17th April to 2nd May 1918 Wednesday to Thursday
The Road to Recovery
All material produced or reproduced here and throughout this work is the sole copyright of the author and the family of Doctor D.C.M. Page MC.
“I was in bed for ten days, and the condition of my throat gradually got better. I was extremely well cared for. When I did get up I was very shaky, but was glad to get out into the beautiful gardens of the hospital (a theological college in peace time). When I was able I got out into the town, and saw the lovely cathedral, and the shops. In the mornings I used to help Major Austin in the wards by giving chloroform whilst he dressed the seriously wounded officers.
One afternoon another officer and I went for a trip up the river on one of the small steam-boats. It was a beautifully warm and sunny day, and we enjoyed our outing very much. We got off the boat at a pretty little place called Val de Haye, and after a stroll through the village had tea at a place run by an Englishman. There was a merry party of nurses and V.A.D.s on board, and we sang all the way back to Rouen.
Another day we journeyed up river to La Bouille, also a very pretty little village, where we had coffee and biscuits in a quaint old inn.”
By now we know Douglas Page to be a master of the understatement. His narrow escapes that can only pay allegiance to Lady Luck seemed to be never more than a nasty nuisance, responsible for the occasional “wind up”! However, although not deserting him entirely, luck had now worn a bit thin and for the time being at least removed him from the front line of war. The contrast must have been tremendous. Often never more than a few feet or a split second away from being blown to kingdom come, this painful time in hospital at least gave some time to enjoy the nicer side of France.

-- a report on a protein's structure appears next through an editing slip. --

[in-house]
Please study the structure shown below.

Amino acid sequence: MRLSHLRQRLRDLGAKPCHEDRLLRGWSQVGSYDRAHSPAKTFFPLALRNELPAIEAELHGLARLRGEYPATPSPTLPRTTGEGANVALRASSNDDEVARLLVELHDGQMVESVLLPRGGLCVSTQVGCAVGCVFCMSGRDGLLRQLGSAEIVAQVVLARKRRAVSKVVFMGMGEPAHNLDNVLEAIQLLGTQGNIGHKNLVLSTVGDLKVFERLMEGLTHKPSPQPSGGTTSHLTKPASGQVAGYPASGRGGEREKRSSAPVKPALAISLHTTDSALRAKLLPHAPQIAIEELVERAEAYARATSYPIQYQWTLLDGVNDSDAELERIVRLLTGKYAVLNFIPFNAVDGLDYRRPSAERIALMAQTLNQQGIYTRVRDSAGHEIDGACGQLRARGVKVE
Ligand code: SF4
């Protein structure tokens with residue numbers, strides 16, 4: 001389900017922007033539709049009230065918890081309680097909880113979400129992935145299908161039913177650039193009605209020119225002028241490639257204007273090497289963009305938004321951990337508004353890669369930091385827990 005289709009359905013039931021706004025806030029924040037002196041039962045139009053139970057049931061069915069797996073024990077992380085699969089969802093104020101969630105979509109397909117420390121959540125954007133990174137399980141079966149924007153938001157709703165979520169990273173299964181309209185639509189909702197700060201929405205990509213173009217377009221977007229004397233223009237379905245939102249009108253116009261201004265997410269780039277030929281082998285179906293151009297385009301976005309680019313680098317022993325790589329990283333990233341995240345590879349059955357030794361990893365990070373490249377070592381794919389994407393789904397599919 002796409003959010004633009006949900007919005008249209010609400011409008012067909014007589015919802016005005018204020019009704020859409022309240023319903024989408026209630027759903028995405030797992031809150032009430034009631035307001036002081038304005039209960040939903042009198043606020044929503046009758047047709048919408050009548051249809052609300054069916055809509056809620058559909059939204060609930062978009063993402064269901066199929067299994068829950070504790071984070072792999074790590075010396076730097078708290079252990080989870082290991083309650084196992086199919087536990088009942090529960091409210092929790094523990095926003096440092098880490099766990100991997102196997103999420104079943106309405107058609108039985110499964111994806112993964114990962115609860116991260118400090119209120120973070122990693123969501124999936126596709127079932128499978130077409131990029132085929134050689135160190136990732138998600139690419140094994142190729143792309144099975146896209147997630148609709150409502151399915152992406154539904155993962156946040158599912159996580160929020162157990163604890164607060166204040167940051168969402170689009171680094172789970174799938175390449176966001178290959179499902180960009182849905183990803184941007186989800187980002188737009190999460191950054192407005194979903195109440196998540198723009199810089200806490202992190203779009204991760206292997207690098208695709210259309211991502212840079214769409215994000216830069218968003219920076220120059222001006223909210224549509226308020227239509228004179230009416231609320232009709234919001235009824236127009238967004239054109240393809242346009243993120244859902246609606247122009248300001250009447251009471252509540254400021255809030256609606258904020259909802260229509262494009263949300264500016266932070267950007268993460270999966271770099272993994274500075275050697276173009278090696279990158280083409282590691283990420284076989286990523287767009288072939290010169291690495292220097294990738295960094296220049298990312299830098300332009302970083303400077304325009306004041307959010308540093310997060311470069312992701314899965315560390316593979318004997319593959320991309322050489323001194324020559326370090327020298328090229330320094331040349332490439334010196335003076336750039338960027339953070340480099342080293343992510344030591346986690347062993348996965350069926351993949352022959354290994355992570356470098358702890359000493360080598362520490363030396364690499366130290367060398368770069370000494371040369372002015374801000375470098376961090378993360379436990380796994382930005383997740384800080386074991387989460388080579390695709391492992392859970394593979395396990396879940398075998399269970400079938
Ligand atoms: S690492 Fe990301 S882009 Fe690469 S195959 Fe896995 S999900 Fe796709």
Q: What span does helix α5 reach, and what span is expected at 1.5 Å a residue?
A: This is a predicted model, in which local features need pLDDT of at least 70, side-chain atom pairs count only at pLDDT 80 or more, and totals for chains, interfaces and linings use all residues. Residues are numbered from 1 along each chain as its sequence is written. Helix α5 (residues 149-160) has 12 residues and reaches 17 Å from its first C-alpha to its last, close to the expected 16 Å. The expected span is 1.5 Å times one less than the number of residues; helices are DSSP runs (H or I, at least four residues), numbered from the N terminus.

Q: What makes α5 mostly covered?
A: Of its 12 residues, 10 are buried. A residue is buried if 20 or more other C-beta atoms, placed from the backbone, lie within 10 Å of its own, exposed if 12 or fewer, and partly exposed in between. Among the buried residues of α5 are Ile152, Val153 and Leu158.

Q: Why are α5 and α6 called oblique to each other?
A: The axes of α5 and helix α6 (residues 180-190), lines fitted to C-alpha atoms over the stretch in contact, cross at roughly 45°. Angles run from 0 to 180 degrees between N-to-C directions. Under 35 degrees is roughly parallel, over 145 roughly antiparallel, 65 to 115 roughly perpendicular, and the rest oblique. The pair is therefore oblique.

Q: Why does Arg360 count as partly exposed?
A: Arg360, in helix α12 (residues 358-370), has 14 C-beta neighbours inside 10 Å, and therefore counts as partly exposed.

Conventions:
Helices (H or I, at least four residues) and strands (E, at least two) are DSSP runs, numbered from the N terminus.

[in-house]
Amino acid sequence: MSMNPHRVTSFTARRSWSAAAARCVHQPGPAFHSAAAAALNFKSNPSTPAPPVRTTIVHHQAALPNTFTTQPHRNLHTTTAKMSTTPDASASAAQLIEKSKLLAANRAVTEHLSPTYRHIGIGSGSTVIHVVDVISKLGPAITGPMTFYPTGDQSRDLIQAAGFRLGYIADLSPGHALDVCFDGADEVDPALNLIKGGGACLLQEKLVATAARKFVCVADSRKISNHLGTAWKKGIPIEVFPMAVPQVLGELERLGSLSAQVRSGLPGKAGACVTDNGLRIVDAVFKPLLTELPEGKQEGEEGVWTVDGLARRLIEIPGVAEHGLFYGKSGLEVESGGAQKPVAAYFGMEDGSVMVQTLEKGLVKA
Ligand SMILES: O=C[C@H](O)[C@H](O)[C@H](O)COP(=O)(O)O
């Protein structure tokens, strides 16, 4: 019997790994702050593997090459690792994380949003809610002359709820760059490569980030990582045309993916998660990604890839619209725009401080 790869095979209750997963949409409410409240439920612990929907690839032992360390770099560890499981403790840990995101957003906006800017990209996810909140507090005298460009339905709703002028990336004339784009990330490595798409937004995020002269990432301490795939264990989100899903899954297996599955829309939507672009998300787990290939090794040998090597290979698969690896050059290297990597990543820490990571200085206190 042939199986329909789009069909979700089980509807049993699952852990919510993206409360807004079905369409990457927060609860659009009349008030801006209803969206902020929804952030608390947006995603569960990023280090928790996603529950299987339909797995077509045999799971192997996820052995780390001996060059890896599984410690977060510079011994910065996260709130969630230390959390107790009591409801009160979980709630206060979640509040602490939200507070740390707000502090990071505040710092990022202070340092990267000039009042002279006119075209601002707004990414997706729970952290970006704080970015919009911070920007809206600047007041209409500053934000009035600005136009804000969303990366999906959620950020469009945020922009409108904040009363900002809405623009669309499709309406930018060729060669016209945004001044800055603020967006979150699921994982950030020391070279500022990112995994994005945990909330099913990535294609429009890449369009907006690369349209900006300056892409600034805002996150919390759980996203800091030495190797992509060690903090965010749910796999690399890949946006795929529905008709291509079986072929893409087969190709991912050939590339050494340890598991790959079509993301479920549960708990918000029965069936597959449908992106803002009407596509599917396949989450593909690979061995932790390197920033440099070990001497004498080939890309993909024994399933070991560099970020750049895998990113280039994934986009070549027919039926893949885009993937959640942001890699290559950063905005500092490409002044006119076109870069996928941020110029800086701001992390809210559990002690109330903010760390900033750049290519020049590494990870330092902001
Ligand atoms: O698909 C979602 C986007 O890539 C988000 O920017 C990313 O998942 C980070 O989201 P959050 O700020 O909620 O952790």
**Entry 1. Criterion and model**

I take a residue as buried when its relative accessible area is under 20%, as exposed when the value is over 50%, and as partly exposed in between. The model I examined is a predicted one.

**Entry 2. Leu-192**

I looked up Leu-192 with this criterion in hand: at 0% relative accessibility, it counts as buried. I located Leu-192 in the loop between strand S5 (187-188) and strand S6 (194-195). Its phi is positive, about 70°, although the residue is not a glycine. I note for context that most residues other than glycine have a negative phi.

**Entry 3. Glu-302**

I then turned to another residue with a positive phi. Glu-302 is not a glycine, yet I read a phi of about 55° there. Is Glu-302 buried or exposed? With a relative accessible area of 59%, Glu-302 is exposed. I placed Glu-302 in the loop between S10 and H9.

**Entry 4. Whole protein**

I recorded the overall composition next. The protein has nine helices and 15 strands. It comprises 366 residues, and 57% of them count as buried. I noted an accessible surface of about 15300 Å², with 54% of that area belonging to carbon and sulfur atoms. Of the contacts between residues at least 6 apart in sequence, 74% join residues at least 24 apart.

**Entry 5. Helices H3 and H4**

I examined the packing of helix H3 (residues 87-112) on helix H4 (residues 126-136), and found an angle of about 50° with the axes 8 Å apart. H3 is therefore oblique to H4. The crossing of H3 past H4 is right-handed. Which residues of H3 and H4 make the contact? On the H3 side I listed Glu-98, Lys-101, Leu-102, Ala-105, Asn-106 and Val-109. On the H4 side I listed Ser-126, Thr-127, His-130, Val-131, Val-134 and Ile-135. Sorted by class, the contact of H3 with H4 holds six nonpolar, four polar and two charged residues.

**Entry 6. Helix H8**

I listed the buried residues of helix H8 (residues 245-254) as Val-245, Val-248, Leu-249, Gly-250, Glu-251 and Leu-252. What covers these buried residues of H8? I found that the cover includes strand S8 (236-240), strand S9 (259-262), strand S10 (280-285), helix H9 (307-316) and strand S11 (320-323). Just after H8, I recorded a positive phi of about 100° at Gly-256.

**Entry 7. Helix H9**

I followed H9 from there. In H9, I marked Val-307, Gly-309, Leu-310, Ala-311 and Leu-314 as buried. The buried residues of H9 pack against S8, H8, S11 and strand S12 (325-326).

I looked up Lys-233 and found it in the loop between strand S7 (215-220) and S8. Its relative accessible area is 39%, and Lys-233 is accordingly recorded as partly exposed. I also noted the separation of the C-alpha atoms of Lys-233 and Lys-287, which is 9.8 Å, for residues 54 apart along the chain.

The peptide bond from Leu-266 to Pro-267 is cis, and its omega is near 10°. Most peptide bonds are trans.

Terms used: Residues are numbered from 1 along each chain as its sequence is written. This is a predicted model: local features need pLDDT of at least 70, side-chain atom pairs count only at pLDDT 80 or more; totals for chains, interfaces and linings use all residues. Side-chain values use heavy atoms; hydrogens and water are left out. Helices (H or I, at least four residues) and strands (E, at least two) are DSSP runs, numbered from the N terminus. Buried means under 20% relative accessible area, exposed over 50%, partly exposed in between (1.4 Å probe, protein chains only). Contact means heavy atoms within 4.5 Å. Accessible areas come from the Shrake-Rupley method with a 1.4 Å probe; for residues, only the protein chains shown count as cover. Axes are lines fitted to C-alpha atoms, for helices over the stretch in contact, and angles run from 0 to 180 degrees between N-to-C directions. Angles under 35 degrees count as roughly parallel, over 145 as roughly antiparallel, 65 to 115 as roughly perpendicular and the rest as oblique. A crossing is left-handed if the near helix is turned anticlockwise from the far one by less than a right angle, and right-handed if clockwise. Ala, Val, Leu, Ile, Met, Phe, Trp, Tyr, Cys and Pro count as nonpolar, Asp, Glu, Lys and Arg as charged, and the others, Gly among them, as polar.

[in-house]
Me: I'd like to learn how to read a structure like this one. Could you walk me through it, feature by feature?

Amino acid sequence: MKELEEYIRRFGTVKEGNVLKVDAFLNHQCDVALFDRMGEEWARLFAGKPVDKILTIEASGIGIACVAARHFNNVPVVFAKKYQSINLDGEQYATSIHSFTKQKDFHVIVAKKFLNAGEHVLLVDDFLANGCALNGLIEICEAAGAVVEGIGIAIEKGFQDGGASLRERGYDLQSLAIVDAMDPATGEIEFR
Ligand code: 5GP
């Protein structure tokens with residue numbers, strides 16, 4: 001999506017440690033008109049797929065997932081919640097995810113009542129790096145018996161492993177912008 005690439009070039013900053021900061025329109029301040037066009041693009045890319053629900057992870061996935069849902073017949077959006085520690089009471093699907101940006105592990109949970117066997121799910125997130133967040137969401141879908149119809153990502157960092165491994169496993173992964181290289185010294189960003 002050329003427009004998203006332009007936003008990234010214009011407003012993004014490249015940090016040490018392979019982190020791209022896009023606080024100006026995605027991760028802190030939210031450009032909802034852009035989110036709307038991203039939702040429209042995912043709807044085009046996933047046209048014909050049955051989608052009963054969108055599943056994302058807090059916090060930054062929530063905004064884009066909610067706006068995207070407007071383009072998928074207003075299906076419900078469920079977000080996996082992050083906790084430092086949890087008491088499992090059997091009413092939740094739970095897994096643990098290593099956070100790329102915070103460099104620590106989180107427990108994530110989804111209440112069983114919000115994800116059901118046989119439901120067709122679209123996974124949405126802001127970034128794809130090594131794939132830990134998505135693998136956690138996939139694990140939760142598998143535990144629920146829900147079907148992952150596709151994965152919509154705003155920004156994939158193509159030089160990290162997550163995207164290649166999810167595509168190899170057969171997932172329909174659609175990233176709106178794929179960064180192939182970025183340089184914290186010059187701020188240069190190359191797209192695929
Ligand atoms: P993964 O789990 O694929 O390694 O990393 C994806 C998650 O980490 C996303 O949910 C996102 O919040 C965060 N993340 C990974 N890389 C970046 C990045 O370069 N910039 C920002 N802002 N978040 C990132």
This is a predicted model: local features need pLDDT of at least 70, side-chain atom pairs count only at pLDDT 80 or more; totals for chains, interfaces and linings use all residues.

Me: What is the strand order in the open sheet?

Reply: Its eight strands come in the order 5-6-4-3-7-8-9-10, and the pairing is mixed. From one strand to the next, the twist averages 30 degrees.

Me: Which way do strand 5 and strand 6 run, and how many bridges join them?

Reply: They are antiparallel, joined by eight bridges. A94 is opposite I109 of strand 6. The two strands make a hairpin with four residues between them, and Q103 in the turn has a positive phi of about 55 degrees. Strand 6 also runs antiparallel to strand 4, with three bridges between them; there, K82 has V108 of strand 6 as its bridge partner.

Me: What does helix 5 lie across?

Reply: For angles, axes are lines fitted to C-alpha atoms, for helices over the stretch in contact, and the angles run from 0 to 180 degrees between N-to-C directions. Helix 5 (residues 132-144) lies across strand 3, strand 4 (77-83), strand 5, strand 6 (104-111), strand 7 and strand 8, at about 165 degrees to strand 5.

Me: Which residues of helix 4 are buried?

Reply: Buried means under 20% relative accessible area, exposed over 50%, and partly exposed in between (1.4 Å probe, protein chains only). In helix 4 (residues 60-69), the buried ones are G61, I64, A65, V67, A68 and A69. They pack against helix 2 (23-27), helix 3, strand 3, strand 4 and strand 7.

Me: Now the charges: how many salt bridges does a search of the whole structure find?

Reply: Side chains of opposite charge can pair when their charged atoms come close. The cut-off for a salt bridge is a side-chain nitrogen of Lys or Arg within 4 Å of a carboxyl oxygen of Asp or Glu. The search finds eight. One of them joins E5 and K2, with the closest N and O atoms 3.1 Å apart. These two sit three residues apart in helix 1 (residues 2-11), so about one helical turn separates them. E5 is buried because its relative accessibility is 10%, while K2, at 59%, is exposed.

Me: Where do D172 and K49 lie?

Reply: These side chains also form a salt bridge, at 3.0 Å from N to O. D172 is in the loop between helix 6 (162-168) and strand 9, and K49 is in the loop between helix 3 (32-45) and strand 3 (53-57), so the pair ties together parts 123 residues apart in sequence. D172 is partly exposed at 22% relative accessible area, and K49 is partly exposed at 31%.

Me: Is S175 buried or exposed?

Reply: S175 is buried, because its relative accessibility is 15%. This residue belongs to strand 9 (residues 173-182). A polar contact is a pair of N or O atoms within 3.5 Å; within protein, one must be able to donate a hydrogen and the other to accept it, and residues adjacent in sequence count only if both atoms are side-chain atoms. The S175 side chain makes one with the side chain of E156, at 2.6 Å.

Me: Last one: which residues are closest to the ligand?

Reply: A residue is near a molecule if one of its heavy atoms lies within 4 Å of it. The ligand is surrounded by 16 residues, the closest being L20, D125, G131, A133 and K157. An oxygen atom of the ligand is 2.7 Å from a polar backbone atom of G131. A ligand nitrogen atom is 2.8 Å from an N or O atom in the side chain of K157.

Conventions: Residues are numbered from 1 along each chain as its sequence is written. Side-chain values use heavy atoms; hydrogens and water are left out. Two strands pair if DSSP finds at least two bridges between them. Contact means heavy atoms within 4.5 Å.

La Bouille, a little further downstream today retains its rural charm and a convenient car ferry to cross the river.
If Douglas were able to take that same trip now one hundred years later he would be totally shocked at the transformation of the idyllic scene he enjoyed then. Today both banks of the river are lined with the infrastructure of heavy industry. Many wharves flanked by gas and oil tanks, silos, and factories, railway tracks with marshalling yards mark France’s modern prosperity.
Find out about our connection with Dr Page and an introduction to his diary here
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